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Parts of a Door

Sometimes door terminology gets confusing. If terms like “stile,” and “astragal” are unfamiliar to you, then this guide should serve as the perfect quick introduction.


Most modern doors contain various types of “cores” which consist of a material that may insulate or reinforce the frame. This could consist of a resin-treated honeycomb lattice, polystyrene, polyurethane, mineral or steel stiffened core. For doors that may require additional reinforcement, like exterior hollow metal doors, stiffeners are added to increase durability.

Typically a wood door contains a core made of wood fibers bonded by resin. Other core types include staved lumber or mineral. These cores are designed to be insular, have the potential for various fire ratings, and with the exception of staved wood cores, light weight.


In door-speak, the “rails” are the horizontal structural frame pieces towards the top and bottom of the door above and below the core


The word “stile” refers originally to a passage designed to provide access through a boundary, traditionally in the form of a narrow gap or stepped structure made to be convoluted enough to stop livestock from climbing through while remaining passable for humans. While commercial door stiles’ effectiveness at impeding animals is more or less limited to bison, the concept of a passageway designed for people remains.

This example of a stile allows humans to squeeze through while still serving as an effective barrier for livestock. Image courtesy of Mike Fowkes.

In modern commercial doors, “stile” refers to the vertical pieces of the door’s frame that surround the sides of the core.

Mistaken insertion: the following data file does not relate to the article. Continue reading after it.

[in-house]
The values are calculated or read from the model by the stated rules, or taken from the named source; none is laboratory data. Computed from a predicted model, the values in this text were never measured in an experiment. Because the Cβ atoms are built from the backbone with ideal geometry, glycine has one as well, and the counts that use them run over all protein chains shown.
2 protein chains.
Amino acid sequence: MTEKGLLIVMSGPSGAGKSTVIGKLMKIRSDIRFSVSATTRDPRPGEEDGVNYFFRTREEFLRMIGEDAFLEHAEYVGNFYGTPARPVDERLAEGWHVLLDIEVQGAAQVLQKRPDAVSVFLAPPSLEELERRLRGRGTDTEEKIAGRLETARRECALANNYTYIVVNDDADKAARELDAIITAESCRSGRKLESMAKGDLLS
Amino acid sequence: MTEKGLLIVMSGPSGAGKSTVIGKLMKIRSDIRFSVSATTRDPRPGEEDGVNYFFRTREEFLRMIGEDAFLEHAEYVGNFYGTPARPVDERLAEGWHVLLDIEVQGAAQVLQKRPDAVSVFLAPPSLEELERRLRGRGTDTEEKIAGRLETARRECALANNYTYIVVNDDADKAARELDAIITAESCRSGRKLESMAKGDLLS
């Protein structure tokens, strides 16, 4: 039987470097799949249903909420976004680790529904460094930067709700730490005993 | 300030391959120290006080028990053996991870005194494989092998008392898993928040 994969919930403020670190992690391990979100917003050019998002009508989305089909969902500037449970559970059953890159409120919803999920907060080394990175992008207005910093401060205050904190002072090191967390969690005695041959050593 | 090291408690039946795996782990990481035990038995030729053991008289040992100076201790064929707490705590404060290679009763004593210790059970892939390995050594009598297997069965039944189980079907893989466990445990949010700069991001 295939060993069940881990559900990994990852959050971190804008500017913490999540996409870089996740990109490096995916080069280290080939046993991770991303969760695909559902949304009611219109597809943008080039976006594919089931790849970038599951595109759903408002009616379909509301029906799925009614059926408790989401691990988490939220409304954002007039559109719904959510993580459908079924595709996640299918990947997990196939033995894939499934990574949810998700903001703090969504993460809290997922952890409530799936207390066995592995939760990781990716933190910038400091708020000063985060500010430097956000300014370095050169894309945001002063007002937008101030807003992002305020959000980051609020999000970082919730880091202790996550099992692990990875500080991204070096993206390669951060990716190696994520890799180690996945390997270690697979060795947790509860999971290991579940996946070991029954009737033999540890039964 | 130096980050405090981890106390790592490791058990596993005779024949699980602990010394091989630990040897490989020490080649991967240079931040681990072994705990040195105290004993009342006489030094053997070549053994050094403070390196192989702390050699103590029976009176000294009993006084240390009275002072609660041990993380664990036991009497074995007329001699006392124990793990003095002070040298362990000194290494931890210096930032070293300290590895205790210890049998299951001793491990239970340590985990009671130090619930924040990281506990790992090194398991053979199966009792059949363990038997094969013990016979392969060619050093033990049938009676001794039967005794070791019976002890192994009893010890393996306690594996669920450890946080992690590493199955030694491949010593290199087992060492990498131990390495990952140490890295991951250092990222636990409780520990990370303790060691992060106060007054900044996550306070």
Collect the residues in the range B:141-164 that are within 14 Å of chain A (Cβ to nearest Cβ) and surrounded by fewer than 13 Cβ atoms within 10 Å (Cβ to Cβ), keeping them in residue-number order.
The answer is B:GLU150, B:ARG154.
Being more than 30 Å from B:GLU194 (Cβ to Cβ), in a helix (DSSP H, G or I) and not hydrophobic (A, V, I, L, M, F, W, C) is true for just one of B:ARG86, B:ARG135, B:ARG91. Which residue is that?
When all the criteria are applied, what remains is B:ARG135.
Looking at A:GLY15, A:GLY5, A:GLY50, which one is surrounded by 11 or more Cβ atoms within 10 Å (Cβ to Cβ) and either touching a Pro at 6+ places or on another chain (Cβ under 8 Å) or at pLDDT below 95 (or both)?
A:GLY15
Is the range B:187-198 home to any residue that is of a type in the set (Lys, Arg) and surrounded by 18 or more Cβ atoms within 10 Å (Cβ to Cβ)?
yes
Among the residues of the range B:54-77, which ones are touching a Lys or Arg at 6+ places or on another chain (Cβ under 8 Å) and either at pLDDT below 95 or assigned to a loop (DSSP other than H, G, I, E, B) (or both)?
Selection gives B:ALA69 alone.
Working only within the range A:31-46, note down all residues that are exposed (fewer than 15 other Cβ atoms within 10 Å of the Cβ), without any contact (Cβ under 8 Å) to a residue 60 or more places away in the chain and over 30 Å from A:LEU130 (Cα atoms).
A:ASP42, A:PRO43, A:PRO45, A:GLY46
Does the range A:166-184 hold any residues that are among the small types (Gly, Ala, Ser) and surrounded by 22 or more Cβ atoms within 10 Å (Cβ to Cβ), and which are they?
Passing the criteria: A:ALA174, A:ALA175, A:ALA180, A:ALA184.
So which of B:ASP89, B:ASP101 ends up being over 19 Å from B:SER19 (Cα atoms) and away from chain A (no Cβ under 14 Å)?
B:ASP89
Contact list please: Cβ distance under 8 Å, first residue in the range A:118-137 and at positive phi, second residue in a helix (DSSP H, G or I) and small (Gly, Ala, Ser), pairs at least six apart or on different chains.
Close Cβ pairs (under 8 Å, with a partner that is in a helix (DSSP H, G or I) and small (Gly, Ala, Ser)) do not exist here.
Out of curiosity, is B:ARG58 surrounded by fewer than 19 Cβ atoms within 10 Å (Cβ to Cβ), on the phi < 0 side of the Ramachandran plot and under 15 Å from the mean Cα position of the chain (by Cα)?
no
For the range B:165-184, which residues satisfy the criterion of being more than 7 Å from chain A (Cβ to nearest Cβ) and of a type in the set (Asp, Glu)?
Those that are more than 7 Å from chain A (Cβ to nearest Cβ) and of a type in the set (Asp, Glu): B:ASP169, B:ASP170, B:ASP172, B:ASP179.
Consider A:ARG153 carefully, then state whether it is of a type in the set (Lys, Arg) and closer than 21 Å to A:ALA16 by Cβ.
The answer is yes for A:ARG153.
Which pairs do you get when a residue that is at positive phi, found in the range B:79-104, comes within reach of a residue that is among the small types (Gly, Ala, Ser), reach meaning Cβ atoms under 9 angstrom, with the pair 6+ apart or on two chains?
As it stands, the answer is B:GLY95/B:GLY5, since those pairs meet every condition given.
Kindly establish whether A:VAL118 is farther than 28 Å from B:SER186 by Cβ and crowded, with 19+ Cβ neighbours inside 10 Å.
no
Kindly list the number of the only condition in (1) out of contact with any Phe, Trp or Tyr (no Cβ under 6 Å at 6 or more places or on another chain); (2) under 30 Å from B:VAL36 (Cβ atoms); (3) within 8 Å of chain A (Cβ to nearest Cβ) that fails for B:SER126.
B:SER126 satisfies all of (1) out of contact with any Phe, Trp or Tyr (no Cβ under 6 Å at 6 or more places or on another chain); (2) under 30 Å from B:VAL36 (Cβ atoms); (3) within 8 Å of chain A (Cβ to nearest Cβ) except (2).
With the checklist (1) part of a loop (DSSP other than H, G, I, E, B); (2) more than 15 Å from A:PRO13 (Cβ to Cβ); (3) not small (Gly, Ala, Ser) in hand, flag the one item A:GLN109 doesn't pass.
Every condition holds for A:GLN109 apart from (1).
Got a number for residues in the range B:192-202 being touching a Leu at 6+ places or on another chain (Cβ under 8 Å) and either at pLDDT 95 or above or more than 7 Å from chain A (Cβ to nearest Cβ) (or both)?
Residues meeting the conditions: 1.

A vertical rod or tube that allows double doors to latch together. Typically found on exterior doors. Mullions are often removable to allow large objects to be moved through the double doors without being blocked.

Alternatively, double doors can use surface or concealed vertical rods to allow double doors to latch together when closed without a mullion.


The astragal is a vertical moulding in the form of a thin strip of metal that screens out light and weather in the gap between a pair of double doors. It also can also add to the door’s ability to block smoke and flames in the event of a fire.

Exit Device:

The exit device usually comes in the form of a horizontal bar that unlatches the doors. Typically used on emergency exits, hence the nickname “panic bars.”


The strip of metal below the door that helps create a seal and serves as a place for the bottom of the door to set.


The sill is a curved piece of metal that sits above the door and prevents water from dripping down onto it.

Together with the sweep, it helps to seal the elements out.


The sweep is the strip of plastic or rubber that fits along the bottom of the door and helps to weatherproof it as well as keeping tiny, uninvited visitors from crawling inside.

Weatherstrip (or seal):

The weatherstrip is a vertically aligned strip of foam or rubber that helps seal out temperature and moisture from weather.


A recess in the door on a minimum of 3 sides of the hardware item closely surrounding the contour of the item allowing its faceplate to finish flush with the door surface. Mortise can also refer to a type of lock that is recessed within the mortise cutout in door.


You should be familiar with this one. What you may not have known is that hinges are sometimes referred to as “hardware” as they fall under that category of door component.


The strike is the metal fastening on the frame that the lock bolt latches into.


The vertical elements of the frame. Hinges connect one side to the door, while the other side connects to the strike.










April 4, 2019
Wayne Foreman

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